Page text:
Dragon Saddle Melee is a solo-dev PC game inspired by the classic game, Joust. DSM was designed from the beginning to be multiplayer -- even when played in solo mode, the client is running the server code locally and connecting to it. I figured that since online multiplayer was so important to the project, it would be best to tackle those technical challenges first instead of trying to retro-fit the game for multiplayer later on. This led me to learn about networking techniques. In these blog posts, I’ll attempt to walk through some of the challenges and design decisions encountered in making DSM. Hopefully it will be helpful to some other fellow netcode newbs out there.
DSM’s networking implementation was influenced by three great sources:
The 2018 GDC talk “It IS Rocket Science!” by Jared Cone. This talk is excellent and Rocket League shares the same fundamental problem with DSM of synchronizing multiple physics simulations across the internet.
The 2017 GDC talk “Overwatch Gameplay Architecture and Netcode” by Timothy Ford. Again, another excellent talk with great animations showing how player inputs move across the internet and how problems like packet-loss and mis-predictions manifest to the player and are minimized.
Glenn Fielder’s series of blog posts “Networked Physics”. These posts are incredible, especially how he walks through a series of solutions to the fundamental problem of networked physics to arrive at better and better results.
The core technical problem DSM needed to tackle was how to sync the states of multiple physics simulations that all have slightly wrong views of the simulated world; except for the server -- it has a perfect view of the world because DSM is a server authoritative game.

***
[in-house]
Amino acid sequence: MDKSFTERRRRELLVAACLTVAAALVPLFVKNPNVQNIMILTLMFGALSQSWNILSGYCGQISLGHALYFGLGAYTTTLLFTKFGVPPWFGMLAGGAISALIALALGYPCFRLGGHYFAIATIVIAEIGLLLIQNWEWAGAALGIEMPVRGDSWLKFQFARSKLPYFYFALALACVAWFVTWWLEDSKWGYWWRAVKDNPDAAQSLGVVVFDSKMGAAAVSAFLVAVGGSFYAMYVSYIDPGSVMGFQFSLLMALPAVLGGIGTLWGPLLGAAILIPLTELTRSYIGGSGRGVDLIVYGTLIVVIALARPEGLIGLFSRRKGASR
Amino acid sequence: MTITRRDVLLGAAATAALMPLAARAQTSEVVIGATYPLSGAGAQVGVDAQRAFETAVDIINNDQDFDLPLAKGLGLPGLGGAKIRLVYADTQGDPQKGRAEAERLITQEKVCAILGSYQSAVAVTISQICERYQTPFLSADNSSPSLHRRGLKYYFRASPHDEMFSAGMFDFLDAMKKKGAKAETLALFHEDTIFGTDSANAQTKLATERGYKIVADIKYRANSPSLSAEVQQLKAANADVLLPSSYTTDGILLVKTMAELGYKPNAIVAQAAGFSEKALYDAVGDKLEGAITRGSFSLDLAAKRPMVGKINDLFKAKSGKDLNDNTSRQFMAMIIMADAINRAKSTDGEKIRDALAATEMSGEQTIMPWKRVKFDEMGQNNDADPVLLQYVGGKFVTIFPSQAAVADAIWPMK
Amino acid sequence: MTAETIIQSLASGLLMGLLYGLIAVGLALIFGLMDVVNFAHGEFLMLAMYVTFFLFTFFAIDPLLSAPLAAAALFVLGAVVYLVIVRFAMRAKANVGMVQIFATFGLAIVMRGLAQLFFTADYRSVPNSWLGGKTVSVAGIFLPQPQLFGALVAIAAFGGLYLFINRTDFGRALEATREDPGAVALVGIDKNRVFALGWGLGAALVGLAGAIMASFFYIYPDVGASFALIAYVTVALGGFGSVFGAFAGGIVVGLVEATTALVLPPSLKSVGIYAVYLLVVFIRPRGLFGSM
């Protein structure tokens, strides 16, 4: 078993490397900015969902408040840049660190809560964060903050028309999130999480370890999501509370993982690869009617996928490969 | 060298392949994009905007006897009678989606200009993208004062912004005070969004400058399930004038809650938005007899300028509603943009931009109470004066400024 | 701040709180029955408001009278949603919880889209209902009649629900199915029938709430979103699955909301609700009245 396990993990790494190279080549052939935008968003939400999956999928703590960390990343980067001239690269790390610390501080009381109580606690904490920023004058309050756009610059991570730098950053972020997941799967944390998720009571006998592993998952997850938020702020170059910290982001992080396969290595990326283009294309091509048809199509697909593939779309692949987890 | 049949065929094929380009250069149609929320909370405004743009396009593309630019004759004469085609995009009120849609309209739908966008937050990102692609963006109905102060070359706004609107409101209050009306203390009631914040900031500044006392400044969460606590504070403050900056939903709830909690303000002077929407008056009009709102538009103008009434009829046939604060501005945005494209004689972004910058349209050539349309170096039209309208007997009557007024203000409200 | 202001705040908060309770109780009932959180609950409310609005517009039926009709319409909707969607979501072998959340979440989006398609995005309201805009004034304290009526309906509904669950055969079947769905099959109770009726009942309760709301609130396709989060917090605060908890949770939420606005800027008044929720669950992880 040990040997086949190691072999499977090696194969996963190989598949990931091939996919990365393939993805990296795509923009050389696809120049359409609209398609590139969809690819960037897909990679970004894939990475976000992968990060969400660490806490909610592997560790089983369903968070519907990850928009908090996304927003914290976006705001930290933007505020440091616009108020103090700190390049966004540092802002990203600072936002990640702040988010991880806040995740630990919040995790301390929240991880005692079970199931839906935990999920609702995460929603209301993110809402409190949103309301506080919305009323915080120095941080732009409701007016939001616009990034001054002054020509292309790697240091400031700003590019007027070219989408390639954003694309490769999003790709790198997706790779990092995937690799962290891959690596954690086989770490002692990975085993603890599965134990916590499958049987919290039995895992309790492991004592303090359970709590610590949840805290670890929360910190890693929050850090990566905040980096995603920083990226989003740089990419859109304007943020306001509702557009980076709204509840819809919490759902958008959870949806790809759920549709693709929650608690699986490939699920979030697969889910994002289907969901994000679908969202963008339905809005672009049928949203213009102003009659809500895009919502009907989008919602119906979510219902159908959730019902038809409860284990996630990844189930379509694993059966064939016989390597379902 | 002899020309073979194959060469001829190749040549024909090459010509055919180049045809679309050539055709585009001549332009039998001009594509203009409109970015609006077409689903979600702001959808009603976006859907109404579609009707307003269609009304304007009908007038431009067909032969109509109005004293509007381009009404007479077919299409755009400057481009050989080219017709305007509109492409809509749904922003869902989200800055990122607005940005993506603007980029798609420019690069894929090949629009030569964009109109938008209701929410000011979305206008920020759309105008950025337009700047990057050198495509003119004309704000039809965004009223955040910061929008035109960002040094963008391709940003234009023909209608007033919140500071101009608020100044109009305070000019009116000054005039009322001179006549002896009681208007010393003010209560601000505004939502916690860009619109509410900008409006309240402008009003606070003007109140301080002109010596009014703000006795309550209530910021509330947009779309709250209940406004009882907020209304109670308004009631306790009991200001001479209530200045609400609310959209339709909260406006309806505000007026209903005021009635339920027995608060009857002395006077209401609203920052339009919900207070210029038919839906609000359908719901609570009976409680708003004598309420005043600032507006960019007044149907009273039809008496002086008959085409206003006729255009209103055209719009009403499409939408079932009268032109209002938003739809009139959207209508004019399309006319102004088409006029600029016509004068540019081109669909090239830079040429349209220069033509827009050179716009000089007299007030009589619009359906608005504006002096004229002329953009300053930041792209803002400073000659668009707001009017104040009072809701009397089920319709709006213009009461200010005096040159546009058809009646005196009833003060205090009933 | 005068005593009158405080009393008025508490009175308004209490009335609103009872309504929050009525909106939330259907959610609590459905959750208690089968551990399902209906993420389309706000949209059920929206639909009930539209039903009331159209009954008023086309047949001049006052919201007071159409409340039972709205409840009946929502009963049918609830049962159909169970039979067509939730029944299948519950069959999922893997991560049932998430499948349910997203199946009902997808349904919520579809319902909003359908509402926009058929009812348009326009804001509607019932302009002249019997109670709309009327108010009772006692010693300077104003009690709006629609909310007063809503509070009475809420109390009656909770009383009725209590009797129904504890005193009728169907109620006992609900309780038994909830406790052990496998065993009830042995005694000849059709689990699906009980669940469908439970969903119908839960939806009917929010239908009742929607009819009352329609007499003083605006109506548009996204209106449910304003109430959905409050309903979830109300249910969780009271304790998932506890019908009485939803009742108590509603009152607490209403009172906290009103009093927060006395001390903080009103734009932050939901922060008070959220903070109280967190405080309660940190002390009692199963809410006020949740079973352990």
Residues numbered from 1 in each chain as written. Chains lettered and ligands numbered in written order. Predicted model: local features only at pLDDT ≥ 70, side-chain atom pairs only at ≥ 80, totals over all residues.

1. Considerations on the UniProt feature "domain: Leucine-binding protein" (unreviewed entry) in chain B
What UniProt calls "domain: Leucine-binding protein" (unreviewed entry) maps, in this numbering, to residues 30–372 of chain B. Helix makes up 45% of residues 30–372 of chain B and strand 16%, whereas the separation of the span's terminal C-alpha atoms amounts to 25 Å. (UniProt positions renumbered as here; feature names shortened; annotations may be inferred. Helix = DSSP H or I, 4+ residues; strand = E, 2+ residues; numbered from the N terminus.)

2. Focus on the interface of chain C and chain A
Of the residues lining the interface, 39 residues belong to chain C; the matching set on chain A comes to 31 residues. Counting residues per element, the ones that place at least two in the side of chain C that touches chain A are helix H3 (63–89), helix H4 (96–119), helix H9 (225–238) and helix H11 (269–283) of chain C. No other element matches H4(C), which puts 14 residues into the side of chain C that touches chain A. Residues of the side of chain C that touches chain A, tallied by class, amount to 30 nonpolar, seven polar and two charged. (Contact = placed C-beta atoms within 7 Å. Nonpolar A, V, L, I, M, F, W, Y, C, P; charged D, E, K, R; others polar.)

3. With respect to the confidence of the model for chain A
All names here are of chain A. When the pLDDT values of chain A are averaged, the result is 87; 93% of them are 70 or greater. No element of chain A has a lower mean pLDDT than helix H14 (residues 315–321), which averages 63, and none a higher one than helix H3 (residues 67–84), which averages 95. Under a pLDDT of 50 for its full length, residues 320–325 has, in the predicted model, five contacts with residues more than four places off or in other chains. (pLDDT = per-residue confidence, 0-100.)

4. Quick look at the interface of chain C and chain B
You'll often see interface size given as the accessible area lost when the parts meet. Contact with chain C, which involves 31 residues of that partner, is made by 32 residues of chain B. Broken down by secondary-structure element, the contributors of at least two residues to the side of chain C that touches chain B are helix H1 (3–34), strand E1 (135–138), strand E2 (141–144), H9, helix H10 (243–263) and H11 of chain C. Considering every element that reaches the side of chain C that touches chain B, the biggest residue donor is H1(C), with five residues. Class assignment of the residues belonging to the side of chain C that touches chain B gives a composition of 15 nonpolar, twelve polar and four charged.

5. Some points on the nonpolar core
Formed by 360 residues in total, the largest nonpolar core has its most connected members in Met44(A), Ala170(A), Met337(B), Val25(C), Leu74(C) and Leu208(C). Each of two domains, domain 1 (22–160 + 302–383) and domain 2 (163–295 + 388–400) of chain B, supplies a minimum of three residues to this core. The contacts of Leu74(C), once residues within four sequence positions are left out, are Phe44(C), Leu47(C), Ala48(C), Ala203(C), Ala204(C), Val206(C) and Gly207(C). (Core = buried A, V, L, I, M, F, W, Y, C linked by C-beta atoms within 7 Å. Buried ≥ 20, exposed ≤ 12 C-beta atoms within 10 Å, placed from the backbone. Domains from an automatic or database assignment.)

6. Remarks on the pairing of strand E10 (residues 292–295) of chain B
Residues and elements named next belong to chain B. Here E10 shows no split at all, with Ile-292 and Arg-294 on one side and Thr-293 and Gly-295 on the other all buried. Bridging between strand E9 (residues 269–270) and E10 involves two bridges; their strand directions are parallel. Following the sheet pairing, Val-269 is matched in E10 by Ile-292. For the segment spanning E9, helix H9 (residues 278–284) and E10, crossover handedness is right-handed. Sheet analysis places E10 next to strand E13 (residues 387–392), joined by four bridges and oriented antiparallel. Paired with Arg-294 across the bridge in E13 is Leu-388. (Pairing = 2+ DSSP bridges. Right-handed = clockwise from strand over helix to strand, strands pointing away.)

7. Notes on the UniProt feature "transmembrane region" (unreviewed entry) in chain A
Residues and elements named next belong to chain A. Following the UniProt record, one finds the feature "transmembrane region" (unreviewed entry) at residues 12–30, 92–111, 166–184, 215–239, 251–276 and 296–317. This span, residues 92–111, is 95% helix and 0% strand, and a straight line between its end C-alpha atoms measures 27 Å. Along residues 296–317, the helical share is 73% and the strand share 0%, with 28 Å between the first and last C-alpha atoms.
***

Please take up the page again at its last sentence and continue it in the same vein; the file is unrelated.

Breaking down this problem further, each client is pushing buttons on their controller that fly their little dragon around. These inputs result in forces being applied to the physics object that represents their dragon. Each client also receives from the server the inputs the other players and AI dragons are creating. That’s when the problems start because of latency. A client’s commands take time to get to the server and even more time to be relayed by the server to the other clients in the game. Also, packet-loss could cause some inputs to get lost. They could also arrive in a different order than they were sent.
Unfortunately, there is no perfect solution to this problem -- latency and packet-loss will negatively impact the game. However, we can prioritize the ways in which they impact the game. Players can perceive some imperfections in the simulation much more than others.
The highest priority is to minimize disruptions to the locally controlled physics object on any given client. If I’m sitting at my computer and push the flap button on the controller to propel my dragon upwards, the networking system should prioritize making that look as flawless as possible. Nothing will be more noticeable to a player than seeing his own dragon’s movement stutter and hiccup.
The next highest priority is updating every other object as soon as we get updated information from the server. There’s no way to avoid the delay from the server to us containing new information. So, the only option is to re-update our simulation as soon as possible with the new information.
That wraps up the first post in this series. In the next post I’ll talk about the specifics of the networking architecture implemented in Dragon Saddle Melee.
Developer of Dragon Saddle Melee
Co-Founder of Main Tank Software
February 22nd, 2022